When Holly Roussell Perret-Gentil ’10 completed her honors at William Smith, “The Evolution of ShanShui: The Role of the Land in Chinese Revolutionary and Contemporary Art,” she couldn’t have known that within two years she’d be studying Chinese language in Beijing and interning with a Chinese contemporary artist. That experience, however, was just the first of many that have helped propel her interest in landscape photography and contemporary art into an opportunity to help curate an acclaimed show at Somerset House, London.
After moving from China to Switzerland in 2012, she acquired an internship at the Musée de l’Elysée, one of the world’s leading museums dedicated to photography. After eight months, she enrolled in Université de Neuchâtel to pursue a master’s degree in museology/museum studies and began to pursue another internship.
Her contacts at the Musée de l’Elysée put her in touch with their former director, William Ewing, now an independent curator for the the Foundation for the Exhibition of Photography. Ewing was looking for help curating an exhibit for a non-profit foundation based in London. Roussell’s interest in and experience with landscape photography and contemporary art made her the perfect choice for assistant curator. She and Ewing had only five months to put together “Landmark: The Fields of Photography,” which opened at Somerset House, London, in March.
“Continuing on research Mr. Ewing had been doing for years prior, I worked with him to help decide which artists we’d like in the show,” says Roussell, whose responsibilities also included helping to select the works, writing the captions and wall texts and preparing the guide for the show. She then spent 10 days in London with Ewing developing the plan for the hanging of the pieces – which included more than 130 works and spanned 17 galleries.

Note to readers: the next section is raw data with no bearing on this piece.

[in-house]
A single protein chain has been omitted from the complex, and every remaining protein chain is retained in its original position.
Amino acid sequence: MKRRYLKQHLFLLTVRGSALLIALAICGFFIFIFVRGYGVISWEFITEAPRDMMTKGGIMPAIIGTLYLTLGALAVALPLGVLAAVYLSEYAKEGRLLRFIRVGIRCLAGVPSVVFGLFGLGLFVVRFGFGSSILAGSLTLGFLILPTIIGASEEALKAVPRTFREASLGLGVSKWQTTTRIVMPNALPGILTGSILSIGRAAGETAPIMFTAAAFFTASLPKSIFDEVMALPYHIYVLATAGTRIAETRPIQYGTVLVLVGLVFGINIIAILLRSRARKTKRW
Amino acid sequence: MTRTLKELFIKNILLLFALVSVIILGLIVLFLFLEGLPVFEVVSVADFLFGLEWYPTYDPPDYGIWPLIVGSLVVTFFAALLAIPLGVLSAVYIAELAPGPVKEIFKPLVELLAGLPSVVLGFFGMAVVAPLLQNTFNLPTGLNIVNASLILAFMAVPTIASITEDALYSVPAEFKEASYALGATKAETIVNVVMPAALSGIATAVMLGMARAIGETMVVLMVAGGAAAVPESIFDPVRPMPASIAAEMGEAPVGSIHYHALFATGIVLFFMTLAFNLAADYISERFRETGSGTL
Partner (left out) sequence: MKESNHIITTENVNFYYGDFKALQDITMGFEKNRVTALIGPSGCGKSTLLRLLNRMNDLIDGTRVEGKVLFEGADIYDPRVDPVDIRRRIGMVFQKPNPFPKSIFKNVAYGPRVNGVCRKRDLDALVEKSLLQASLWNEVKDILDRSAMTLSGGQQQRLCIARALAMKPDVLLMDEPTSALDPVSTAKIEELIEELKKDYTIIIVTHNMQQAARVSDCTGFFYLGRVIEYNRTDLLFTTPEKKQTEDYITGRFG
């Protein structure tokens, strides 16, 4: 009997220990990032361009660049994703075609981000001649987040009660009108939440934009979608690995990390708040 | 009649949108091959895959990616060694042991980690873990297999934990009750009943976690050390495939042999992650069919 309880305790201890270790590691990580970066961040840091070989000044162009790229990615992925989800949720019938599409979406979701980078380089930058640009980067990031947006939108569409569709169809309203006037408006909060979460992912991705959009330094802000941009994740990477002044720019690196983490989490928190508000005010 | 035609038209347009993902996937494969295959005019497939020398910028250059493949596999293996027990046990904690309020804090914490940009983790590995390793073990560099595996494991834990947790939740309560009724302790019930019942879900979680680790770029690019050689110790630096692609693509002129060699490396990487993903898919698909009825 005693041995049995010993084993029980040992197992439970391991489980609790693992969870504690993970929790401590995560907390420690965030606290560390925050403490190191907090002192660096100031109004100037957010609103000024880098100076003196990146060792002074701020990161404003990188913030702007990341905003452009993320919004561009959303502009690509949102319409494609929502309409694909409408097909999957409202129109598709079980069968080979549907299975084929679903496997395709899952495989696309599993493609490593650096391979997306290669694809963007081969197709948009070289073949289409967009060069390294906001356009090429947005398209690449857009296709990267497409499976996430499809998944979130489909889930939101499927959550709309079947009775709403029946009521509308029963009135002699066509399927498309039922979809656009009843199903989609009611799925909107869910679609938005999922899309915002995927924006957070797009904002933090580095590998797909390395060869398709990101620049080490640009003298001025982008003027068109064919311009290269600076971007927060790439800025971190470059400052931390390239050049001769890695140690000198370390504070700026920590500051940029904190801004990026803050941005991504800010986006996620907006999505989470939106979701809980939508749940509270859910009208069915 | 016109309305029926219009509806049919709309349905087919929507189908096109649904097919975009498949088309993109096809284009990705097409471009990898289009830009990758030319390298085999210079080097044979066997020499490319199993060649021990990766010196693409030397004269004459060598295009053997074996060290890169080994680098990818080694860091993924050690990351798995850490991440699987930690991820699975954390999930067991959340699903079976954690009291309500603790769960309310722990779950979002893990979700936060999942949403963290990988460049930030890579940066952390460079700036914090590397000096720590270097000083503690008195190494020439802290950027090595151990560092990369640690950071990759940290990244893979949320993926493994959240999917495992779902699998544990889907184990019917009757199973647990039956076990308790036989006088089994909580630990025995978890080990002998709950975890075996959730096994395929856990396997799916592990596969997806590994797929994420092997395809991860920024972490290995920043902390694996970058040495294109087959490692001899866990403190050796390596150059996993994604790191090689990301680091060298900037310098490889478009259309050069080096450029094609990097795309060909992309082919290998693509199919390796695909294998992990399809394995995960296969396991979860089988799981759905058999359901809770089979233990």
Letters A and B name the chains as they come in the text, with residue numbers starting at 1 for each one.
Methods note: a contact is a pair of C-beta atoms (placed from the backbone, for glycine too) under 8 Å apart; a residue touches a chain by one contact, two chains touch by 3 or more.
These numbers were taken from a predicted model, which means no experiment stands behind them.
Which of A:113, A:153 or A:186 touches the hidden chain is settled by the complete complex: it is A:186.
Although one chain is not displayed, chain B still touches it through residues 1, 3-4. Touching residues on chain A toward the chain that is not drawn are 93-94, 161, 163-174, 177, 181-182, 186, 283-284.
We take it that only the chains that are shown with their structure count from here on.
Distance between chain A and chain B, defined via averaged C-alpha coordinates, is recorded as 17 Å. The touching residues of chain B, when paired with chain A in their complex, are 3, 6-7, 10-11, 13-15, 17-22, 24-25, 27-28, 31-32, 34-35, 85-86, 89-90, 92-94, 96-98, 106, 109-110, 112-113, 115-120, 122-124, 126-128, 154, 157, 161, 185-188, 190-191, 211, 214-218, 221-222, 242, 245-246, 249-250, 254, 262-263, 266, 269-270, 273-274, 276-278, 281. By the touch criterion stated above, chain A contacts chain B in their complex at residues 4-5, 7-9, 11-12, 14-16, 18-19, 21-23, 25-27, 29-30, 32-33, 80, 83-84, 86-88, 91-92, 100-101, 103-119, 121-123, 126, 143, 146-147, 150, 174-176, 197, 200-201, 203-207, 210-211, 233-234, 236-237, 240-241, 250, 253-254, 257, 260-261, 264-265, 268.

“It was quite large,” she laughs.
Roussell was also charged with contacting the artists and reaching out to galleries and private collectors regarding loans when the artists weren’t available. “I contacted more than 70 artists and it was wonderful to work with them directly. Thirty came to the opening in London from all over the world and it was great to meet them in person and put faces to them,” says Roussell.
The show received a favorable review in The Financial Times. The full article can be found online.
“Landmark is a big show, and one of perfect museum quality. It has great photographs scattered all over it, familiar and unfamiliar. It has scholarship and verve, and is good fun to visit,” wrote Francis Hodgson, the reviewer.
Roussell and Ewing are compiling a publication which follows the exhibit. “Landmark” will be published by Thames and Hudson (Ewing is an editorial director) and will provide the opportunity to represent a greater range of each artist’s work as well as commentary about the exhibit.
Roussell earned her B.A. in art history from William Smith summa cum laude and minored in environmental studies.